Warning Signs of Anorexia
- Resistance to maintaining body weight at or above a minimally normal weight for age and height
- Intense fear of weight gain or being “fat” even though underweight
- Disturbance in the experience of body weight or shape, undue influence of weight on self-evaluation, or denial of the seriousness of low body weight
Physical Complications of Anorexia Nervosa
- Cognitive impairment, depressed, irritable mood
- Fainting, fatigue, and overall weakness
- Dry hair and skin, hair loss common
- Loss of menstrual periods
- Slow heart rate and low blood pressure and body temperature
- ECG abnormalities
- Reduction in bone density
- Electrolyte abnormalities
- Abdominal distension
Anorexia nervosa is an extremely complicated disorder with many medical complications, some of which are life-threatening. There is a 5.6% mortality rate per decade due to either cardiac arrest or suicide. Therefore, treatment offered for anorexia nervosa is comprehensive and extensive.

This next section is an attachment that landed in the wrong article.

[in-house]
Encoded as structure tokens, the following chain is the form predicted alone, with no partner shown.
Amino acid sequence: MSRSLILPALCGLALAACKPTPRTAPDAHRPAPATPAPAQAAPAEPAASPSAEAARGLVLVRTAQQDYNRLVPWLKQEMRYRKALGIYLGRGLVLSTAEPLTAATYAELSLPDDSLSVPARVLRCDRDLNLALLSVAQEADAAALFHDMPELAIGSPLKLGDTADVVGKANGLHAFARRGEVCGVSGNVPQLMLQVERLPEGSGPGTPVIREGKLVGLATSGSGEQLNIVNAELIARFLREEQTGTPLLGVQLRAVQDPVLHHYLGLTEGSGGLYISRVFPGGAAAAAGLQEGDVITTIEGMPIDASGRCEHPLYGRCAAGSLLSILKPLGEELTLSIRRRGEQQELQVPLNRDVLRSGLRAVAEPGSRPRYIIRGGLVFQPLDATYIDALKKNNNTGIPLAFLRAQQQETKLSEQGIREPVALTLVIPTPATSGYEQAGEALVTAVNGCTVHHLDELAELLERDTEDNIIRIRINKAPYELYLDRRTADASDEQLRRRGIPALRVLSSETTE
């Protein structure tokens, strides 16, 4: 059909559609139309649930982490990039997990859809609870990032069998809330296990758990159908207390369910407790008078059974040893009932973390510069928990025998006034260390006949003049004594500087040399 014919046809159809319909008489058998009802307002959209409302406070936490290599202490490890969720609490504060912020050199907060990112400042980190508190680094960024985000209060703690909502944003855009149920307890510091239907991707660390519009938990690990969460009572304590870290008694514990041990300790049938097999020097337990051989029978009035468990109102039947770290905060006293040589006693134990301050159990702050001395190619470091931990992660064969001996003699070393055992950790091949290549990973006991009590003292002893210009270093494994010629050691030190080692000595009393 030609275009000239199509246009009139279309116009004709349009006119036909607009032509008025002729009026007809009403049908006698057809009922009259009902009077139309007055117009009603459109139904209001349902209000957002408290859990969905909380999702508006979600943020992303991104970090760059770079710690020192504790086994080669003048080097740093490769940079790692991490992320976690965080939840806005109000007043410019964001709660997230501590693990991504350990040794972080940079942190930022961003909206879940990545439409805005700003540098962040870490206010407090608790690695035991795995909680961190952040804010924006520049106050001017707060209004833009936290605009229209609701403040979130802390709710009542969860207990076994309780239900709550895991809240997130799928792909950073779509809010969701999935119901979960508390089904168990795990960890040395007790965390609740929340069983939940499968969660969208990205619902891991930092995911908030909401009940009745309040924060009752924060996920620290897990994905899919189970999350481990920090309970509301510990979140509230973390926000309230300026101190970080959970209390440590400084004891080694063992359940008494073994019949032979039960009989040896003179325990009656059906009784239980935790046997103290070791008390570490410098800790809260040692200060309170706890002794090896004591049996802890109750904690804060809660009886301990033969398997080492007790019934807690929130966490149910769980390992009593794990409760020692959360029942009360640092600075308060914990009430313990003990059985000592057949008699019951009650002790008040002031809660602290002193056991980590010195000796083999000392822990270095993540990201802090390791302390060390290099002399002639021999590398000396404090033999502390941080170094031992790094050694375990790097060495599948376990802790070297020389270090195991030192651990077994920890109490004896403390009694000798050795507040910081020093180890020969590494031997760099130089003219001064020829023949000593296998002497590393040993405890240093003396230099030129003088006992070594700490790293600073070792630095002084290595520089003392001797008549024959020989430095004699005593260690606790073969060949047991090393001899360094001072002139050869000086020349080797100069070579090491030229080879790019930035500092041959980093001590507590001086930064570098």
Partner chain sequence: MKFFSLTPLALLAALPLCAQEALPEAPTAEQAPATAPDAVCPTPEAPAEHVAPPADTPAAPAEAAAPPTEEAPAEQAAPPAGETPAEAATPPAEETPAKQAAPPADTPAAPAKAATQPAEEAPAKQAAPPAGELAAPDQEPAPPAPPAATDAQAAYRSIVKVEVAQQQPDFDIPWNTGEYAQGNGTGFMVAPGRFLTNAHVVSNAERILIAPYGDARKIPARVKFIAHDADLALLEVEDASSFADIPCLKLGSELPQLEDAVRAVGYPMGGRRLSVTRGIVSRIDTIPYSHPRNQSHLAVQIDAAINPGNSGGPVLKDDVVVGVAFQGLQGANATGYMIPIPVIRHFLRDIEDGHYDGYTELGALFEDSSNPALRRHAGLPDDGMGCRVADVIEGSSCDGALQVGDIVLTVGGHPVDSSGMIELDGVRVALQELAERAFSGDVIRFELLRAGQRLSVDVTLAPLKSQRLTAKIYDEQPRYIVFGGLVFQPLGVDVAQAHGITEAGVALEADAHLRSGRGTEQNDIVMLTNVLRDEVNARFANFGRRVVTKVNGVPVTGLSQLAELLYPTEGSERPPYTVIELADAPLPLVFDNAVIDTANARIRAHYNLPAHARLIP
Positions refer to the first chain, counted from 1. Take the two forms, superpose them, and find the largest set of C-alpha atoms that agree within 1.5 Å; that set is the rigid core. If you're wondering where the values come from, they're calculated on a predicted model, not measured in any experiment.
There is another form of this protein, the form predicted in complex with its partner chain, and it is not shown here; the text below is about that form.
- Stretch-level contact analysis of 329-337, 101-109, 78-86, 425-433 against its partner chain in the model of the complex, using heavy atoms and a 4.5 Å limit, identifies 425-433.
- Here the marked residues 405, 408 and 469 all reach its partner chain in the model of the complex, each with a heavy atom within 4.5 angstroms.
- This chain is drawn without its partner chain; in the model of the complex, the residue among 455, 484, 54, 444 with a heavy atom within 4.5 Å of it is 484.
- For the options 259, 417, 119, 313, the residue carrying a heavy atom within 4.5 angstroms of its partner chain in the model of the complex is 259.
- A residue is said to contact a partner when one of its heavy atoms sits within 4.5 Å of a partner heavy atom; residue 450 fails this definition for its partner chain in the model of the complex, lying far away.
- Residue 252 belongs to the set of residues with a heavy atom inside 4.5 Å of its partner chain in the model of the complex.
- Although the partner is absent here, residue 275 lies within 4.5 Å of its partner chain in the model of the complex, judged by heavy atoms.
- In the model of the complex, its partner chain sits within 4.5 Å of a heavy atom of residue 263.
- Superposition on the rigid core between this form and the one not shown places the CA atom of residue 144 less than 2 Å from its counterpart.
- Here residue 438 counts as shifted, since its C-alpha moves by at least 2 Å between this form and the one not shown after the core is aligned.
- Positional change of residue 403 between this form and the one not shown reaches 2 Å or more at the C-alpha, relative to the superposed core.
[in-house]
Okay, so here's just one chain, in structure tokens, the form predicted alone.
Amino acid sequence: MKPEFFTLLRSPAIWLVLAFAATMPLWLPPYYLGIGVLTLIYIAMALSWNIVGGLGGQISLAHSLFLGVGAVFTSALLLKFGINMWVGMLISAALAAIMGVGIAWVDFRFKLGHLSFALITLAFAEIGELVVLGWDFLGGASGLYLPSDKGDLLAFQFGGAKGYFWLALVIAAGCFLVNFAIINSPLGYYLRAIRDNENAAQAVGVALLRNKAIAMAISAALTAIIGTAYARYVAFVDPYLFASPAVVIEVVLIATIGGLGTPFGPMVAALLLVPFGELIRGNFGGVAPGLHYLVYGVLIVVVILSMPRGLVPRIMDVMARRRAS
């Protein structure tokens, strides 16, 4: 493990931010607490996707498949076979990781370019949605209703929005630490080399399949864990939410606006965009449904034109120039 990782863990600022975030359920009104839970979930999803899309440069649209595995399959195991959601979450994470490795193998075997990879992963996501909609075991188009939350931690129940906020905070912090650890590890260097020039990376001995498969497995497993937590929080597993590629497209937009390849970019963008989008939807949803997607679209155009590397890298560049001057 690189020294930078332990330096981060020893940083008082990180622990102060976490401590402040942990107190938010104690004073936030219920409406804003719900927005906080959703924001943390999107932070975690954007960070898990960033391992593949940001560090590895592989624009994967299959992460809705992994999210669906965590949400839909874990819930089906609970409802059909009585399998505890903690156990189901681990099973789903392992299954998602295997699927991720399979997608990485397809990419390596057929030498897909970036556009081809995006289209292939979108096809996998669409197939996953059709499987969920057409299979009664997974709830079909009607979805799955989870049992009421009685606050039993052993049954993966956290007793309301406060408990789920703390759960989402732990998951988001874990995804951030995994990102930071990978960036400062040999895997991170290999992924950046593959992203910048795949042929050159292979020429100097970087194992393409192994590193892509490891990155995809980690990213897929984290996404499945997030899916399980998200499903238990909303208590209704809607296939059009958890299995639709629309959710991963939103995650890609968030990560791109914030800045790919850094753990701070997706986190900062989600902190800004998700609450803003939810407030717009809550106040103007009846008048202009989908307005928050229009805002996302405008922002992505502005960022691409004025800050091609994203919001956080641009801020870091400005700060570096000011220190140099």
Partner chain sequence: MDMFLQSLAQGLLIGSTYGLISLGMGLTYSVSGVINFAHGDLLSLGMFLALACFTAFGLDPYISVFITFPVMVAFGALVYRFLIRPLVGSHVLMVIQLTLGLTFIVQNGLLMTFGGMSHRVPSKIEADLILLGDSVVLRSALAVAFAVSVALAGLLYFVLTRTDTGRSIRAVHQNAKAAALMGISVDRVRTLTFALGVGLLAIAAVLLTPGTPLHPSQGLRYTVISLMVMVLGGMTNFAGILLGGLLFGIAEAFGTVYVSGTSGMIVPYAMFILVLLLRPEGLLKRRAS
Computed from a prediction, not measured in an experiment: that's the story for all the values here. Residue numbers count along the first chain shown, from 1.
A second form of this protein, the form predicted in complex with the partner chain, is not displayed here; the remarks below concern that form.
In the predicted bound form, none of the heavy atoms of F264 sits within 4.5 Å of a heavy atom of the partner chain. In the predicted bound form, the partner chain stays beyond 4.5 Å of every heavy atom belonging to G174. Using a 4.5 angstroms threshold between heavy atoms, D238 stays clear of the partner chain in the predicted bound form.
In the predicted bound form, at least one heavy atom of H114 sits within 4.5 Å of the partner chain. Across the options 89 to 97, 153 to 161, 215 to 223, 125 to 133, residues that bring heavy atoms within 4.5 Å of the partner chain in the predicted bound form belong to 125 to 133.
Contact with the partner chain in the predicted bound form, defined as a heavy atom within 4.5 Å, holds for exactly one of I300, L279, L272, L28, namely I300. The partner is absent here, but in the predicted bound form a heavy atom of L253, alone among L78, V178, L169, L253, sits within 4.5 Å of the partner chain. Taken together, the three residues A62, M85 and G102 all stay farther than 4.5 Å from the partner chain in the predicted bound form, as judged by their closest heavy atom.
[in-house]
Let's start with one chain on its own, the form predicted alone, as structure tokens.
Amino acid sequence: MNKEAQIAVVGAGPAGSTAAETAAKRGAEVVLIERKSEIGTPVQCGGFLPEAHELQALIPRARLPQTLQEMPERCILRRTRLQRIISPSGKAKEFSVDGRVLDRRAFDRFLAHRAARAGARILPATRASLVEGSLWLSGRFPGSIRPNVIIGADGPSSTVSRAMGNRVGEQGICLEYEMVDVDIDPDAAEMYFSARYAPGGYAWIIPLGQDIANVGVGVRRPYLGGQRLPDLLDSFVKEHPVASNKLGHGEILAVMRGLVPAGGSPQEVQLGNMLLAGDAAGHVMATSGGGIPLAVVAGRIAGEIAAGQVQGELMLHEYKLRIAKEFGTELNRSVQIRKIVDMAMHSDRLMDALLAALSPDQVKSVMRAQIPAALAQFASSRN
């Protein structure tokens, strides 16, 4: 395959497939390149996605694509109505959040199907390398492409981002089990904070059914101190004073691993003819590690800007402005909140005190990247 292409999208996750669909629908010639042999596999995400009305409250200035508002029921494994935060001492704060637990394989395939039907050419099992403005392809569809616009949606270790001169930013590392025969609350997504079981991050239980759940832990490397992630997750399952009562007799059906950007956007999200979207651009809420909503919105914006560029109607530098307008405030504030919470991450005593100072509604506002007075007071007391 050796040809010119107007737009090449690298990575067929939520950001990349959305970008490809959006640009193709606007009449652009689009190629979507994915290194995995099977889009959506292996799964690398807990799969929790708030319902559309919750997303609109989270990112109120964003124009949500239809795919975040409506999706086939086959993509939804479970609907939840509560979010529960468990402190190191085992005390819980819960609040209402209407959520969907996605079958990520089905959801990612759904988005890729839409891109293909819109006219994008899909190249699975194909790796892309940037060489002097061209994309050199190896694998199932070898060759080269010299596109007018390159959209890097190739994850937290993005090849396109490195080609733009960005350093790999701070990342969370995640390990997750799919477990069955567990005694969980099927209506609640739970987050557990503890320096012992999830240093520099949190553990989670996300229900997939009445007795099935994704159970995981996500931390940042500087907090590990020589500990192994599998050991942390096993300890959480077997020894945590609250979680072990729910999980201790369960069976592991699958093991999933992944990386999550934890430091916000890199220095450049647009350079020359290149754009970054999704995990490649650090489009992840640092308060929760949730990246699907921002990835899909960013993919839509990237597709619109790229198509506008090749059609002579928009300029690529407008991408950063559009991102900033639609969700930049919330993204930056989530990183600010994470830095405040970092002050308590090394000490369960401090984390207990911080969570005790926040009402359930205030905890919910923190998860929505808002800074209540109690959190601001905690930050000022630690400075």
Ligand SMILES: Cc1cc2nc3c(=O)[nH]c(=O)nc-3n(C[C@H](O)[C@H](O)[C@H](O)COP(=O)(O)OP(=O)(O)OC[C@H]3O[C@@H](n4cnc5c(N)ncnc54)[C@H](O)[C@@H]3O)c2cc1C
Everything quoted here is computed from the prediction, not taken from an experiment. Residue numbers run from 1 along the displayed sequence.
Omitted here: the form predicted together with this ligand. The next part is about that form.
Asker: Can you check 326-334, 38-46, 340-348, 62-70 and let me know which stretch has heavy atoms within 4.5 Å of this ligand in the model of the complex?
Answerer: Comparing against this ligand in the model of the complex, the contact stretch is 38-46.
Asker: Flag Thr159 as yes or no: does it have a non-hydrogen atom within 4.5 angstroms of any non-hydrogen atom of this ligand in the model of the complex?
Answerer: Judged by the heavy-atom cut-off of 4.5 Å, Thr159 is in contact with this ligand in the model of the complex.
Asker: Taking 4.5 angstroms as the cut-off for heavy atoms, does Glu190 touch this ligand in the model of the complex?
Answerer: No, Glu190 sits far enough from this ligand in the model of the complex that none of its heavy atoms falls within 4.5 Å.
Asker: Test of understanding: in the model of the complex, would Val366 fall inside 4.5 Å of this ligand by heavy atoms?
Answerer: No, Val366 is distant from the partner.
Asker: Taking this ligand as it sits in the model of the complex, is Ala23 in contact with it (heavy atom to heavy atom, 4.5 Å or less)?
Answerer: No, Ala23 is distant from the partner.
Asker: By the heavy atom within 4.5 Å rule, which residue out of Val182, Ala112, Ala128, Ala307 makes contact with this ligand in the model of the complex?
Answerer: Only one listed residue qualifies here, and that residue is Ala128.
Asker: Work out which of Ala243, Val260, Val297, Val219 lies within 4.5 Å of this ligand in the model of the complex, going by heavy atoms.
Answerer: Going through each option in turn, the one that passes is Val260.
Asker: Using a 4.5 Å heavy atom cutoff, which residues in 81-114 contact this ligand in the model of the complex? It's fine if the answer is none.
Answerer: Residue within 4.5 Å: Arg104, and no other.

Treatment of Anorexia Nervosa
Initial assessment involves a comprehensive medical and psychiatric evaluation. Inpatient hospitalization for either medical stabilization of a physical complication or initiation of nutritional rehabilitation may be needed.
Nutritional rehabilitation is the most pressing priority and may be achieved in some circumstances in an outpatient setting. If severely underweight, initial nutritional rehabilitation will be achieved in an in-patient or residential treatment setting. If nutritional rehabilitation is begun in an outpatient setting, consultation with a nutritionist and home-health organization for monitoring will be done along with weekly follow-up visits in this clinic.
Medications for food and anxiety symptoms can also be effective. Formal psychotherapy with severely underweight patients is often ineffective. Once some significant amount of weight gain has been achieved, either individual or group psychotherapy focusing on body image, social anxiety or obsessive compulsive traits can be initiated.